When I introduced a resolution to the Milwaukee County Board making Martin Luther King, Jr. Day a major county holiday, I did it out of my great respect for the fallen civil rights leader and humanitarian.
I was gratified by my colleagues’ response when they passed the measure unanimously last year. It was more than a symbolic gesture. It was an appropriate way to honor a great American.
This year represents the first in which this day is celebrated as a major holiday by the county, and I call upon everyone to take time to give thoughtful consideration to Dr. King’s legacy. I hope everyone takes the opportunity for quiet contemplation as we consider the contributions Dr. King made not only to the civil rights movement, but to American society itself.
With issues such as segregation, racial injustice and income inequality still prevalent in society, it is long past time to put King’s words into action. Dr. King had a dream in which all people are treated based on the content of their character, not the color of their skin. We have still not achieved that goal, and we must all pause to consider what his message means in today’s society.
How can you spend this quiet, contemplative time? There are several ways. You can start by reading his words or watching videos of his speeches and giving careful consideration to how you, yourself are working toward achieving the ideals he so fervently sought.
I plan to spend part of the day reading Dr. King’s landmark “Letter from Birmingham Jail,” a document that outlines his struggle for justice and equality. Dr. King said in his letter: “Injustice anywhere is a threat to justice everywhere. We are caught in an inescapable network of mutuality tied in a single garment of destiny. Whatever affects one directly affects all indirectly.”
How appropriate those words are today; when injustice still prevails in our society, whether it is through segregation, racial prejudice or income inequality. Or whether it is a police shooting of an innocent man or gun violence that infects our inner cities and causes good people to live in fear.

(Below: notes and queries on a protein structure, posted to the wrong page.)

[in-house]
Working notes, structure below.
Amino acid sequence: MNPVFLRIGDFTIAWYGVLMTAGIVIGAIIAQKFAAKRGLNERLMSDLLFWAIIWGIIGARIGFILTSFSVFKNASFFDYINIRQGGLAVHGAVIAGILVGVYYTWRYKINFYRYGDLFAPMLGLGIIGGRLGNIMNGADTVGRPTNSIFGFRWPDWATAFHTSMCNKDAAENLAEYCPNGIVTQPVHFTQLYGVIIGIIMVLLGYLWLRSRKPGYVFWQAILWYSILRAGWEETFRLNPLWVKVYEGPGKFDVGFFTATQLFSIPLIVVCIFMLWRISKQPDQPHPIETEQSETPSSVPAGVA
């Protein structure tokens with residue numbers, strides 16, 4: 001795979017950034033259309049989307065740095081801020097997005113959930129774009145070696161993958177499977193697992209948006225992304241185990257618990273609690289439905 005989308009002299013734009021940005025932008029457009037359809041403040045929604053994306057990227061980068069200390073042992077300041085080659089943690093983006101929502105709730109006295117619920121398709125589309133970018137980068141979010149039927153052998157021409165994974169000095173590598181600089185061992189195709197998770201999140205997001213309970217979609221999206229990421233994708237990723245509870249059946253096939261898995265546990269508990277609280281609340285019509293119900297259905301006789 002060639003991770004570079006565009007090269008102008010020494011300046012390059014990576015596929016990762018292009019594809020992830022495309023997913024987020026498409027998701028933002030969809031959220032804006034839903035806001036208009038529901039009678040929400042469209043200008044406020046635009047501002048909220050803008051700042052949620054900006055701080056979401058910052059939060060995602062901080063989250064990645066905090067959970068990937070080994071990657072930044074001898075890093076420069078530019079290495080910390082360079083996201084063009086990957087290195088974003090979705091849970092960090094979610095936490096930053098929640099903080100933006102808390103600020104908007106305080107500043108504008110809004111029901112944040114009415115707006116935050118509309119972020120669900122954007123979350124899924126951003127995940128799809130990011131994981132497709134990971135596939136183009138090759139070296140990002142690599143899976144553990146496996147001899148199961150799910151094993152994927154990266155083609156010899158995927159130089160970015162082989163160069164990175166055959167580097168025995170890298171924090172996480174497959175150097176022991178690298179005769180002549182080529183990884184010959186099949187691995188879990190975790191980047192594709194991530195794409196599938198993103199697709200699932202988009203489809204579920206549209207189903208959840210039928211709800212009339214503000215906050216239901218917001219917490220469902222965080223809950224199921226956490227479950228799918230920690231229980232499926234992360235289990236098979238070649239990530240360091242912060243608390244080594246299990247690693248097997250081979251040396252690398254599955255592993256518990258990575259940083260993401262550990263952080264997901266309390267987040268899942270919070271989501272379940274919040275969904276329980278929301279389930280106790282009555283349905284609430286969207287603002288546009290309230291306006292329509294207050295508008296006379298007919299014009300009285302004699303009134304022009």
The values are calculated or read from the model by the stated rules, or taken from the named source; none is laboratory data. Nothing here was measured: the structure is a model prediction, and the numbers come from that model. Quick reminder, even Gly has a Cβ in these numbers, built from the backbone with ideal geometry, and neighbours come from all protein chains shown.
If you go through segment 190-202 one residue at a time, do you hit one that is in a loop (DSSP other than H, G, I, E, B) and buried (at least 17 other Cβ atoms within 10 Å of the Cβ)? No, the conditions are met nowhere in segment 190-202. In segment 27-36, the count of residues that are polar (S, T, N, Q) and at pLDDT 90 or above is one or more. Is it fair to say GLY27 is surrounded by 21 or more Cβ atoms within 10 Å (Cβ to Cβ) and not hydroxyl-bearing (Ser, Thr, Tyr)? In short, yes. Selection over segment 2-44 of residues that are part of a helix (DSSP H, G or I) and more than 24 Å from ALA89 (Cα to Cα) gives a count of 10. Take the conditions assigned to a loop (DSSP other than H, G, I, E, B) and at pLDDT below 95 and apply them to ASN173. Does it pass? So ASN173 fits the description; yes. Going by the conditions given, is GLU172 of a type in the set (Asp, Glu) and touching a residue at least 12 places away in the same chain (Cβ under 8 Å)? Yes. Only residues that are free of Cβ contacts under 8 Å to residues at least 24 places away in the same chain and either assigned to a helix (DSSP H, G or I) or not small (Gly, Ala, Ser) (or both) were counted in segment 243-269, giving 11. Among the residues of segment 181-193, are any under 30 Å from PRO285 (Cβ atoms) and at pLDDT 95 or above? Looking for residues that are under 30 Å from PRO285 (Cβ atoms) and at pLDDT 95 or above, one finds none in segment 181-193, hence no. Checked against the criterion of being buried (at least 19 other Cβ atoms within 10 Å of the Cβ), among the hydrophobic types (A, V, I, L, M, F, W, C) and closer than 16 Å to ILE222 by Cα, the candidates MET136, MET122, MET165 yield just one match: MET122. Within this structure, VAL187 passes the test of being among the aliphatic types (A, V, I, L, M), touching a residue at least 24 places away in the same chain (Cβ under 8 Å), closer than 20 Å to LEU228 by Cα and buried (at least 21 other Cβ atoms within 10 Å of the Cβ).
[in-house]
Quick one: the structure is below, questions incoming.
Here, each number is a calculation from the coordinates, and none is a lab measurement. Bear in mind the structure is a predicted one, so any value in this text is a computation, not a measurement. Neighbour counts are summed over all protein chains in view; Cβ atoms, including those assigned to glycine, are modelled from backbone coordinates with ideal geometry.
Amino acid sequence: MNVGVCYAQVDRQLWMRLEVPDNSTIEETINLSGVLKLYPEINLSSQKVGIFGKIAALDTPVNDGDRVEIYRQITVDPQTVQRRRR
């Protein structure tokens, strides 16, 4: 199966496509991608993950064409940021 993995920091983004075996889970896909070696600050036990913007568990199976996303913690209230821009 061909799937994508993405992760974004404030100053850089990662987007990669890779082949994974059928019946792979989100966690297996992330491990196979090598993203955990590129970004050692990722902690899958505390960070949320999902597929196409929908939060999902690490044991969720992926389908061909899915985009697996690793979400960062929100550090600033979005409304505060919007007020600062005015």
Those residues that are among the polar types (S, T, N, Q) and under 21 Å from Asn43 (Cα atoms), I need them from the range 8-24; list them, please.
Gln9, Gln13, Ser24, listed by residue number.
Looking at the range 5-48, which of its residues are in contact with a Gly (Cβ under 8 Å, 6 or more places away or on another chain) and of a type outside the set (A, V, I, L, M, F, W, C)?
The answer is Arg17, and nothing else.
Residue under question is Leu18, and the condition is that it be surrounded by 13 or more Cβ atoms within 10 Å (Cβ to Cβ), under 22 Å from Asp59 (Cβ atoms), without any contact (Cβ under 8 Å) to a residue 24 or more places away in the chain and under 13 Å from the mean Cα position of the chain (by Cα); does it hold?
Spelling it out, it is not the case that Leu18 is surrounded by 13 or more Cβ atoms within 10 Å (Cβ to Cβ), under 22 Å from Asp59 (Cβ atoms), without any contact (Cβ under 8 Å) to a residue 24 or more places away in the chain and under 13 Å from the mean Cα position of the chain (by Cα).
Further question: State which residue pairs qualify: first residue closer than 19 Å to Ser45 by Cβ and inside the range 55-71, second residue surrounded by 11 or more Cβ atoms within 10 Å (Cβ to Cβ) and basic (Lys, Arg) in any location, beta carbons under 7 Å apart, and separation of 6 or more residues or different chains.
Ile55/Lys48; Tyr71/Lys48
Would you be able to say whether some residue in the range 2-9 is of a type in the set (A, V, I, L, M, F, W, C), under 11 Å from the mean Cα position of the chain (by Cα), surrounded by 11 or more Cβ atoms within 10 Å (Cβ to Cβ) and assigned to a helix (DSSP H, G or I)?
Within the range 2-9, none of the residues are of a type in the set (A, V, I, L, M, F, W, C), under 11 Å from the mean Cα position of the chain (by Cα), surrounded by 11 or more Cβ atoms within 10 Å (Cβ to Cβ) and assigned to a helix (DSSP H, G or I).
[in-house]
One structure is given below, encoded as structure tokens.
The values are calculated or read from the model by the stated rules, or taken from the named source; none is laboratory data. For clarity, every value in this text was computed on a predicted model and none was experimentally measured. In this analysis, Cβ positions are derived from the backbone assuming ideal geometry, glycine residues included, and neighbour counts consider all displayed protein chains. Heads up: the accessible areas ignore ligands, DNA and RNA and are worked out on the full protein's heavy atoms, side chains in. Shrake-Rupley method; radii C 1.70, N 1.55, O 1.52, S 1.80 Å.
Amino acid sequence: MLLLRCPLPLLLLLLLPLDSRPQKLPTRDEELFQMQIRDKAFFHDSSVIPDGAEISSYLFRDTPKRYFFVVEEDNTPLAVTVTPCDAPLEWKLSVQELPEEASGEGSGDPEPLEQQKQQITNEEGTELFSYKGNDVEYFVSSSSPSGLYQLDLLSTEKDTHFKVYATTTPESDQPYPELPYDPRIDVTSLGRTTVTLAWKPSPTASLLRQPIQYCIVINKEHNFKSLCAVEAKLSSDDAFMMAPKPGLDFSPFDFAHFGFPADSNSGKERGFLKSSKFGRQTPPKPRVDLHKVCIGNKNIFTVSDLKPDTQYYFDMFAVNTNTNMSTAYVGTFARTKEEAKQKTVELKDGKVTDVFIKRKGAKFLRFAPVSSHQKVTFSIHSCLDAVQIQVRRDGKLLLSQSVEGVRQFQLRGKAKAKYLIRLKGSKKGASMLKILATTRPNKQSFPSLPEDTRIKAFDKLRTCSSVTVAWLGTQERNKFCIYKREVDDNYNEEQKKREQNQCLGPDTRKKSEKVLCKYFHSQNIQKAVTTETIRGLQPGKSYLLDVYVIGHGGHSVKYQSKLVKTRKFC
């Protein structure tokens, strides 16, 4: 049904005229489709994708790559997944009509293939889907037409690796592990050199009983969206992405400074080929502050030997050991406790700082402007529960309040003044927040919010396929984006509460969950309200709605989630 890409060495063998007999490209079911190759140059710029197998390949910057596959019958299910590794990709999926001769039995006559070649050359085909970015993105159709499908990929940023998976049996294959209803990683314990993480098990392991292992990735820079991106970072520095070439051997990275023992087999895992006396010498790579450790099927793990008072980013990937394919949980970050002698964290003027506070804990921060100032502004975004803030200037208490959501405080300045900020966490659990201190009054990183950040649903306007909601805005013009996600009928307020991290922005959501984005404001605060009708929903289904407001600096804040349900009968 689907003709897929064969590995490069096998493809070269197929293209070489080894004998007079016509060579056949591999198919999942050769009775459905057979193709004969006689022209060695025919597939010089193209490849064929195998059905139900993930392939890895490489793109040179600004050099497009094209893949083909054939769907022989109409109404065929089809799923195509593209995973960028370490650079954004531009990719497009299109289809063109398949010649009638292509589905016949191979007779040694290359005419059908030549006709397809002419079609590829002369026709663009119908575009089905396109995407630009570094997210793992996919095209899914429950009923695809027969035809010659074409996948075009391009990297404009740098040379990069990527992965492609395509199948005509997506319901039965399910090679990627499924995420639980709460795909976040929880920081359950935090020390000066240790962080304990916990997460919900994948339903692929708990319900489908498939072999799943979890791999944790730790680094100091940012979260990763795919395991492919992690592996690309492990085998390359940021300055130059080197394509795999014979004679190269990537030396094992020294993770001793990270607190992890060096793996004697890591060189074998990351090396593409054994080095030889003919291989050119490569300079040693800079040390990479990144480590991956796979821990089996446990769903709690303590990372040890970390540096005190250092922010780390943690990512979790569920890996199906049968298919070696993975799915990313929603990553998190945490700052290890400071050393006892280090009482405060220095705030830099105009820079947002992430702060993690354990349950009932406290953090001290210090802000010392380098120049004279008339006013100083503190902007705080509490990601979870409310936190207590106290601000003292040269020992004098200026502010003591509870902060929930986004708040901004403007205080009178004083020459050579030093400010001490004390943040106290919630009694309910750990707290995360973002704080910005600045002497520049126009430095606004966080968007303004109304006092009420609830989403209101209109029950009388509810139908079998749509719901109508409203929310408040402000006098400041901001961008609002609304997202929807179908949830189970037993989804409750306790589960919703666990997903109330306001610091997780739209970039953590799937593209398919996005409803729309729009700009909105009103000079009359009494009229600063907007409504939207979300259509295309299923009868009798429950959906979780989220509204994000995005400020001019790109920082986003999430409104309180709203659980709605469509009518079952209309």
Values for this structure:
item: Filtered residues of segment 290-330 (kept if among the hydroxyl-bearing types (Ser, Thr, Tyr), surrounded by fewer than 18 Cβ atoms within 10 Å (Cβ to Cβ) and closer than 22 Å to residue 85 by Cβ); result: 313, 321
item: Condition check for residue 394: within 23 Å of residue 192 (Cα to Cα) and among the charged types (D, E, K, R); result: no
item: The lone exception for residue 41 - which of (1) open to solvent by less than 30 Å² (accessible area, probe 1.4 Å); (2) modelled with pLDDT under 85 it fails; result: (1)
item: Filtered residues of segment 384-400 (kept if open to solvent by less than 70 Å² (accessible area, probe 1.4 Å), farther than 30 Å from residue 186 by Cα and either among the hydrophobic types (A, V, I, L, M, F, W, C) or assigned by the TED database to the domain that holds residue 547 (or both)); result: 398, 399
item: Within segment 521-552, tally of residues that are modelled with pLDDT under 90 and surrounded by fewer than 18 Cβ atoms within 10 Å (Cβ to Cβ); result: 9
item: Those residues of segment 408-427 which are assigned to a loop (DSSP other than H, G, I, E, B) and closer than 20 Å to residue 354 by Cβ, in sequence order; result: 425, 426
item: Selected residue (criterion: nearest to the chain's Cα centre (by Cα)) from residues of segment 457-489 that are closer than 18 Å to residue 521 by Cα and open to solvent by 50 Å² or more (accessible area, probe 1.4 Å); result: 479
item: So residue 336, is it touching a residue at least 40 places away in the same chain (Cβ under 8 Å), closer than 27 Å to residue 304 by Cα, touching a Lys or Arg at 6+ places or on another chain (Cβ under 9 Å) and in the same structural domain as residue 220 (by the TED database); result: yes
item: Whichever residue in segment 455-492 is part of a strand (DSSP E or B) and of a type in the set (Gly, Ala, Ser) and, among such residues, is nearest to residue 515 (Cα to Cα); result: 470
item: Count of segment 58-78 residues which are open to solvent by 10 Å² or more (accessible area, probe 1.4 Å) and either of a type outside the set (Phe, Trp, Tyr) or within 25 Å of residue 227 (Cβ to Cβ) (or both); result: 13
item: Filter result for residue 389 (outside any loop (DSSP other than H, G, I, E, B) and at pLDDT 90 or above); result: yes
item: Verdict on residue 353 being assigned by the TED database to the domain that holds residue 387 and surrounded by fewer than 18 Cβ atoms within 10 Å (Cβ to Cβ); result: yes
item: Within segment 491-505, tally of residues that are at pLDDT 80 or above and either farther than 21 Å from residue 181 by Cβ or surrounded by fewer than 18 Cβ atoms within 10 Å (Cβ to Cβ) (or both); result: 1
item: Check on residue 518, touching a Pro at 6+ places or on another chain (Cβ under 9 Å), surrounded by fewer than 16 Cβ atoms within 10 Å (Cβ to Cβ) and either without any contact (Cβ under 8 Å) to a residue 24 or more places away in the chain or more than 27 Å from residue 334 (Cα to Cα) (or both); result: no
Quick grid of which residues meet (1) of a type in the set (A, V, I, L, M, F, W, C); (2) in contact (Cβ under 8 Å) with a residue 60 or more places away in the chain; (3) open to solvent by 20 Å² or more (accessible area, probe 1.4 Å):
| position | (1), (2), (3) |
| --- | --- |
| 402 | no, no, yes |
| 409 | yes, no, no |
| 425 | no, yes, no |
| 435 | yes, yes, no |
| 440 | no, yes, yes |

We must ask ourselves what we are doing to help eliminate these plagues on our society. And do something about it.
Dr. King was an unusual leader in his time. According to the King Center, “While others were advocating for freedom by ‘any means necessary,’ including violence, Martin Luther King, Jr. used the power of words and acts of nonviolent resistance, such as protests, grassroots organizing and civil disobedience to achieve seemingly-impossible goals. He went on to lead similar campaigns against poverty and international conflict, always maintaining fidelity to his principles that men and women everywhere, regardless of color or creed, are equal members of the human family.”
Those of us who carry on his legacy still use his tactics to make our voices heard; but it is time for everyone, not just those on the front lines of the civil rights battle, to take part in celebrating that legacy.
I hope that everyone, no matter their race, reflects on his message Monday to help us lead not only to better racial understanding, but to a society of equality, justice and opportunity for all… and do something about it.
Milwaukee County Supervisor Khalif Rainey represents District 2.